Interviewer: To clarify then what’s happening is that the end game has a character. In the game there is a character, but that character is represented by some actor or something else. He’s kind of role playing that character for everyone else. So, where do you see character design going for ARGs, and how can ARGs make it so it’s scalable if you have 10,000 players. Having just one character responding to everyone’s email, I think, would seem pretty difficult.
Pixie: That’s where you come up with multiple PMs playing the same character which can be tricky if you’re going for a specific personality, or you go back to automated responses or not responding to everybody, being a little more selective. I’m seeing a lot more character action on Twitter, for instance. Muscle Robots is using Twitter to communicate with different players, and it’s a little bit easier because it’s more like a forum than emails.
Interviewer: So, then a player would subscribe to a certain Twitter account which represents that character.
Pixie: Yes, basically, and then we follow what the person is saying and respond to them, and just like any other Twitter account they talk about mundane things that don’t have to do with the game and you talk to them about that, you know, what shoes they’re wearing, stupid stuff like that. It’s really a person. As a player, you have to suspend reality. We like to say this is not a game. Totally pretend it’s not a game, and there’s a robot standing over there. His name is Oliver, and you just talk to him and that sort of thing.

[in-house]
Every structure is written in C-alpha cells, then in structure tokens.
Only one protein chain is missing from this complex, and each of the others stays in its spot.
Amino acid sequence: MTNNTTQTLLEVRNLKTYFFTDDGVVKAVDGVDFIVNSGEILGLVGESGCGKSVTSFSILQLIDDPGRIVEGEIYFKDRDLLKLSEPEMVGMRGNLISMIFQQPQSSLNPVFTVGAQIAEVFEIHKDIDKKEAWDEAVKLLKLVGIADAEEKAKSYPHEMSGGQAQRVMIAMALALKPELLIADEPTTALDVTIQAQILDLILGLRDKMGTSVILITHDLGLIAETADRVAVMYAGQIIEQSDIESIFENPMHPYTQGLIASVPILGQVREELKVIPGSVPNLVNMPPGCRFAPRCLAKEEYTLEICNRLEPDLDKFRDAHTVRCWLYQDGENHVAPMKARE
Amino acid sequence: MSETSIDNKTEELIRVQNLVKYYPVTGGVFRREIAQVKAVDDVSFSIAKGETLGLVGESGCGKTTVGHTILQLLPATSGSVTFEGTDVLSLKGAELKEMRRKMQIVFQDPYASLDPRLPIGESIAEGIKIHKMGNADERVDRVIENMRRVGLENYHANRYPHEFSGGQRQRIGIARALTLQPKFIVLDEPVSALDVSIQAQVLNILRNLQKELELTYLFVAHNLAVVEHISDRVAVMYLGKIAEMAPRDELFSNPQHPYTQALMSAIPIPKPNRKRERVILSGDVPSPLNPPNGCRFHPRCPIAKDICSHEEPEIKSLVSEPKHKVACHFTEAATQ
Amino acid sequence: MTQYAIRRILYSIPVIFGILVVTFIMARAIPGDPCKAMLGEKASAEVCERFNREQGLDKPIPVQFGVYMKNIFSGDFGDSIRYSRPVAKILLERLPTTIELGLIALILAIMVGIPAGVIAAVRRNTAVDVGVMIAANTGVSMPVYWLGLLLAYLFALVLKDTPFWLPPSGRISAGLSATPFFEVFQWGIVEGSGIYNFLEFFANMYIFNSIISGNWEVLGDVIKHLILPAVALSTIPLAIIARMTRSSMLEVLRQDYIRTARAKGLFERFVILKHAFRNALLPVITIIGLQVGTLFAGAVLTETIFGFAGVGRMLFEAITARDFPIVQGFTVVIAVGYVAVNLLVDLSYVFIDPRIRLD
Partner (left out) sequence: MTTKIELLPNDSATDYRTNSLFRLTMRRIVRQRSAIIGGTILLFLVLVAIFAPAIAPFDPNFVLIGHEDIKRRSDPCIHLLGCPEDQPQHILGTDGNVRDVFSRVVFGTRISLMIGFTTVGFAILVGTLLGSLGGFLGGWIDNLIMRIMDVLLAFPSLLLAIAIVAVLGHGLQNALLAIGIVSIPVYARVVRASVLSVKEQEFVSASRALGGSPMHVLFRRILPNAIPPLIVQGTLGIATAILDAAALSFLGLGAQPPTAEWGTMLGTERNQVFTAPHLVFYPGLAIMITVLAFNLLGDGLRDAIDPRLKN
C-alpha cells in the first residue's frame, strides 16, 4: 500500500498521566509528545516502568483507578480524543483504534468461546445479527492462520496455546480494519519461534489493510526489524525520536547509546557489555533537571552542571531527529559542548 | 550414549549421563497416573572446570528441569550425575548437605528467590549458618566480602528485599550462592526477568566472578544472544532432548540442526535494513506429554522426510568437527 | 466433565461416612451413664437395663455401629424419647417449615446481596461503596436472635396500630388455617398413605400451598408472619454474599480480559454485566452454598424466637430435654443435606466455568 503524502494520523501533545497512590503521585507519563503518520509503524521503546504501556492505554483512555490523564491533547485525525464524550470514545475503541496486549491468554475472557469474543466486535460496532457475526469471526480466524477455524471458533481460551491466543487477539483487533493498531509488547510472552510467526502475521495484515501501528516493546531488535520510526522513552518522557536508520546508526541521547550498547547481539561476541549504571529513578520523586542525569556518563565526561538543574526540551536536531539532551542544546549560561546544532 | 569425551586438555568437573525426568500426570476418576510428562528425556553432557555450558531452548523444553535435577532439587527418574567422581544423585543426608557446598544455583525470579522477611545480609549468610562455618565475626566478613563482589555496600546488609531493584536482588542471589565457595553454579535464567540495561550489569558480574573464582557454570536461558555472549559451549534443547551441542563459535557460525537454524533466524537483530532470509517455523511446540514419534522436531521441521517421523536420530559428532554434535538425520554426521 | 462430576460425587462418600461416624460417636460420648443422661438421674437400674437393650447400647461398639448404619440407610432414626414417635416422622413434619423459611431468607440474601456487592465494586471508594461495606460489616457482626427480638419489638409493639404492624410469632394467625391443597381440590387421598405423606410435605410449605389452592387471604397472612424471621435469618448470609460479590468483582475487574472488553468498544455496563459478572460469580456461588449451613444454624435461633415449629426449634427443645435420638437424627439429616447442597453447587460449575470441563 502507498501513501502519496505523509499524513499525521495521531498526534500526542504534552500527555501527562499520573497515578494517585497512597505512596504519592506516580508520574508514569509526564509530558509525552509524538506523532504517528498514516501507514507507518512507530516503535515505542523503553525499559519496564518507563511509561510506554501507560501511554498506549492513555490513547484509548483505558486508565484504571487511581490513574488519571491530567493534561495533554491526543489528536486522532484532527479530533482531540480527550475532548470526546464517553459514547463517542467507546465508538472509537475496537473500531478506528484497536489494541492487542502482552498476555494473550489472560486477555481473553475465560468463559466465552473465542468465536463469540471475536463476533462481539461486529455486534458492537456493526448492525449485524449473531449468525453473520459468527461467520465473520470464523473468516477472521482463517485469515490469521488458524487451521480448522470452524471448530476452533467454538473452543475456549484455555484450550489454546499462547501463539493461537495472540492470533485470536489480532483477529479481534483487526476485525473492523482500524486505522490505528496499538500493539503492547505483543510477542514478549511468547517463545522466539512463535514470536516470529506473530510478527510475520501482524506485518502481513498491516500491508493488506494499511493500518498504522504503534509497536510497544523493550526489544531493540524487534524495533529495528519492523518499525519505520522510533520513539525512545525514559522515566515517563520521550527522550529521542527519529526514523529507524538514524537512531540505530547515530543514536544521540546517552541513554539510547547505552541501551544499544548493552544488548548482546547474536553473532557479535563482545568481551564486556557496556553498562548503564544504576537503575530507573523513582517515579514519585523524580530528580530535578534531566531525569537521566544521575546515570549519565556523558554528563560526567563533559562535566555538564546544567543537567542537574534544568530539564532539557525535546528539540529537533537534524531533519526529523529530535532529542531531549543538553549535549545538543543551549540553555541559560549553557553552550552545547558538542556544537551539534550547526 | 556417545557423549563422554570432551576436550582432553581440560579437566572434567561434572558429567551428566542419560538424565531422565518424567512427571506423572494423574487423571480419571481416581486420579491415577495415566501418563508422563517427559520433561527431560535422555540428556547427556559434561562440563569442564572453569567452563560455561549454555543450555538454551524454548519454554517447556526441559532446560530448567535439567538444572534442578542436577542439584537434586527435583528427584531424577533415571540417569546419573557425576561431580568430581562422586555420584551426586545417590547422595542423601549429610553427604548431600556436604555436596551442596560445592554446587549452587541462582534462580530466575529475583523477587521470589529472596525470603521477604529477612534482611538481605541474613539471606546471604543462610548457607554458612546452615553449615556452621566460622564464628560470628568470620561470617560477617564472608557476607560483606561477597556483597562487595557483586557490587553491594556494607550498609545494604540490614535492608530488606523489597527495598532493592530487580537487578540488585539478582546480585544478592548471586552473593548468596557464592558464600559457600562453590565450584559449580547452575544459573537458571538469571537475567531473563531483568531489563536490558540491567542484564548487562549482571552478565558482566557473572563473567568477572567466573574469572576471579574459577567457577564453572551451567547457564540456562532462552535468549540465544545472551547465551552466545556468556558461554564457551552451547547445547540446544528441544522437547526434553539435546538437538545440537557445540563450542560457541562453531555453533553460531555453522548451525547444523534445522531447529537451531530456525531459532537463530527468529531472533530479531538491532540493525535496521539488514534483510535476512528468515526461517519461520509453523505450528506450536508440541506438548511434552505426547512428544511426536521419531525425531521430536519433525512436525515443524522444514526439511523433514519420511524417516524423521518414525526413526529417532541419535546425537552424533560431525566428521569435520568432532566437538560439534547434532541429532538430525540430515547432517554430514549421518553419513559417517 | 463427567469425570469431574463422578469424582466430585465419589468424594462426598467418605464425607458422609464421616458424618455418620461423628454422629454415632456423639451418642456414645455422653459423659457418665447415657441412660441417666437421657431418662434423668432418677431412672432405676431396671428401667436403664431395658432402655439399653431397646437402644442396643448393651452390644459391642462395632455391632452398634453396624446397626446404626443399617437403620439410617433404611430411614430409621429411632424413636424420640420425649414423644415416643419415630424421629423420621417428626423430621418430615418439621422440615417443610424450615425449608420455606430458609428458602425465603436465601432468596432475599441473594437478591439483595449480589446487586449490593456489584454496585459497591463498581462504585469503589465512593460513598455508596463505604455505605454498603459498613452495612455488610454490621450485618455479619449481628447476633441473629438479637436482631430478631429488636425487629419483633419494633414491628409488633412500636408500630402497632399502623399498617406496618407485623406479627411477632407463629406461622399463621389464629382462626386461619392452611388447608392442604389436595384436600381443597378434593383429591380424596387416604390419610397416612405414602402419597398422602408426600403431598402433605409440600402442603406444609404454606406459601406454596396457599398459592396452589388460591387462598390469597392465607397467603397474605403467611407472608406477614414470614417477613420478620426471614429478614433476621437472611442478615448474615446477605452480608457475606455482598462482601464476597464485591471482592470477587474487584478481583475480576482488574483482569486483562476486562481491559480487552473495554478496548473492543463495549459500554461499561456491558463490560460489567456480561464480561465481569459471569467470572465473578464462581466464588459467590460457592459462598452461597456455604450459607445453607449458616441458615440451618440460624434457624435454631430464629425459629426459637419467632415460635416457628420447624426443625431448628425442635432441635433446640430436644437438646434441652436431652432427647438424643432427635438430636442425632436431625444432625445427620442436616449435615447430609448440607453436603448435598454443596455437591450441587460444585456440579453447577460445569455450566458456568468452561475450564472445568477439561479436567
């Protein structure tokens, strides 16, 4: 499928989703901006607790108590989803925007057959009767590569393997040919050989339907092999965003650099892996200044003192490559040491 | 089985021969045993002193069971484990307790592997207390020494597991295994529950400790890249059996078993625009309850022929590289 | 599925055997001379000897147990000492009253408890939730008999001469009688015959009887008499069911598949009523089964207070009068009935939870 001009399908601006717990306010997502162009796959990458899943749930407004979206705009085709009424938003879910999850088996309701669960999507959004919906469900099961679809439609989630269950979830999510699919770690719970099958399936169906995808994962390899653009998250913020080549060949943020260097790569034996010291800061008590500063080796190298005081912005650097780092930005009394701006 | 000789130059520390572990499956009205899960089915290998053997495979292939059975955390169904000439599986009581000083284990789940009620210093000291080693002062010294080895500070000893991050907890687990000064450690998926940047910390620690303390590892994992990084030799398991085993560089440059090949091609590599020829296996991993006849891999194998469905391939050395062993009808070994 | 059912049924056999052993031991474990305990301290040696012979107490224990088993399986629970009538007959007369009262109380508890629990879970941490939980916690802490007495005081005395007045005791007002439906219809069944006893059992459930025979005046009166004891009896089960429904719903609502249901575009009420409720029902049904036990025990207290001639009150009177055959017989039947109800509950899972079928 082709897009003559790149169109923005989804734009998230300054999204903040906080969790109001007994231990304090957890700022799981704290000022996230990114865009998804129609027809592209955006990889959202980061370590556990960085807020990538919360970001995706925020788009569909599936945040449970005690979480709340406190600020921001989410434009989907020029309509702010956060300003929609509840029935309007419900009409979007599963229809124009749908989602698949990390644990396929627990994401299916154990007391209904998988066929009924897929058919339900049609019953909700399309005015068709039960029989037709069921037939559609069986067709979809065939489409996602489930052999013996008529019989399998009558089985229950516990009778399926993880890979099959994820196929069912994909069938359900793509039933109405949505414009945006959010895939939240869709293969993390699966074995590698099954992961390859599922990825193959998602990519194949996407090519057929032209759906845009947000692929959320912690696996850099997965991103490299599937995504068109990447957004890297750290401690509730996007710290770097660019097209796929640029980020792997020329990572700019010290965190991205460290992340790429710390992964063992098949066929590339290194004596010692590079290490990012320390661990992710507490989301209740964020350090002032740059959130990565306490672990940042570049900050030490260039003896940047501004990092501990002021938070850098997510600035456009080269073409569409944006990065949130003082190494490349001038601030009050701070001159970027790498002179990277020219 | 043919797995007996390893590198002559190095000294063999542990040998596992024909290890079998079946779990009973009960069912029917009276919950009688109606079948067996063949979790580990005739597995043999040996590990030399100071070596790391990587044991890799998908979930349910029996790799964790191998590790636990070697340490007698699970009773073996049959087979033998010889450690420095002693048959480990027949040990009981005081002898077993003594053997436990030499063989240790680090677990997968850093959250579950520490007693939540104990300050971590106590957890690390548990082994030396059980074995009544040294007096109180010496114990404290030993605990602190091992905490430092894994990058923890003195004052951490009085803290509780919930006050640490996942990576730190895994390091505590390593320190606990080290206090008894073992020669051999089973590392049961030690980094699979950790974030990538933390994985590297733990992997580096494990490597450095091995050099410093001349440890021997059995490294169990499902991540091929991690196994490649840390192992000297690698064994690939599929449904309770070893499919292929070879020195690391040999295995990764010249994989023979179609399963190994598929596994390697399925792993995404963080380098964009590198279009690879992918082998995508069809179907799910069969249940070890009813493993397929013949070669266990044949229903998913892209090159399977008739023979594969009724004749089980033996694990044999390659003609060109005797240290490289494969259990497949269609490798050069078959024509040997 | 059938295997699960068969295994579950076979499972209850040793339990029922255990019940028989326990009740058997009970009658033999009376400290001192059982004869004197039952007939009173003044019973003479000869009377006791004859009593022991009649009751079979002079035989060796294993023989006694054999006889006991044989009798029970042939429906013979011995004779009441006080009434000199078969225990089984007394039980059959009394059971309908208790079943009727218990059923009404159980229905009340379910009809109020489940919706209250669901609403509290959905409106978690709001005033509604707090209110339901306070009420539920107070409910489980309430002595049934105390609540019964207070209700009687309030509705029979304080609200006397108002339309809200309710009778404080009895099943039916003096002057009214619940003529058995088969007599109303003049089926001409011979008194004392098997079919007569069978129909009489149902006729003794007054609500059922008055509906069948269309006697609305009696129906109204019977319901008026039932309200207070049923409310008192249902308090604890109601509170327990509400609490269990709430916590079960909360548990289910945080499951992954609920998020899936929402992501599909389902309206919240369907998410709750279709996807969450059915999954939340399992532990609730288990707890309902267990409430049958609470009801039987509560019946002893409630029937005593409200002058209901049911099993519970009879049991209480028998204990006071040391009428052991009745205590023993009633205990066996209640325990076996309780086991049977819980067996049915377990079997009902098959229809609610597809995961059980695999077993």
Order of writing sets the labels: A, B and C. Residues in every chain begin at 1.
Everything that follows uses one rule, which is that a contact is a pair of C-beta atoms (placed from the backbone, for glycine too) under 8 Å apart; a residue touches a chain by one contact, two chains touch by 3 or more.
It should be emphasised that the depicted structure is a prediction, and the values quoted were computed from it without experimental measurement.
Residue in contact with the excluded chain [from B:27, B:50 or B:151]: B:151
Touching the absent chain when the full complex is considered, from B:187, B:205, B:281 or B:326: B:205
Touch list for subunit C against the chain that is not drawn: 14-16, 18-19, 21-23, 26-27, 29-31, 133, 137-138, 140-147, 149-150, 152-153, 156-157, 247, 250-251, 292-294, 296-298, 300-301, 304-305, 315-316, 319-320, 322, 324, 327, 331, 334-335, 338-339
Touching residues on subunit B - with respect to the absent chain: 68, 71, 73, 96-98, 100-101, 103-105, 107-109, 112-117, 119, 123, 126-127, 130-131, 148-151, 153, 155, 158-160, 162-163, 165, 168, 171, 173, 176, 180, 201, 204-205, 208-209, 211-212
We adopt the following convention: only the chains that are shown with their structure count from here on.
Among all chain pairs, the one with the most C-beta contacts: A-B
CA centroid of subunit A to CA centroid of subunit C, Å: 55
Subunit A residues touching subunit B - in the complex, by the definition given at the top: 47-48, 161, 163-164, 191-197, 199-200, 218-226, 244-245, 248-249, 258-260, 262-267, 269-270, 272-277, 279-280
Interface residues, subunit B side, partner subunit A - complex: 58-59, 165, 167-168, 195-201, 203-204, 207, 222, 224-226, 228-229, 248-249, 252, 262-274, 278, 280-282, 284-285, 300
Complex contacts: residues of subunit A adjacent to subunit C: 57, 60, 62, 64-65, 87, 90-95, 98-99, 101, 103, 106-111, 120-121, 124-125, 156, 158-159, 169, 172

As to where I see it going in the future, I personally find the character development and character interaction in games as incredibly important, but there have been games where you really don’t interact with the characters at all. And it’s just sort of watching them and trying to solve things on your own. I don’t tend to play those games myself, possibly because I am so into character interaction, but I don’t know how well those games do personally.
Interviewer: Great. Thank you very much.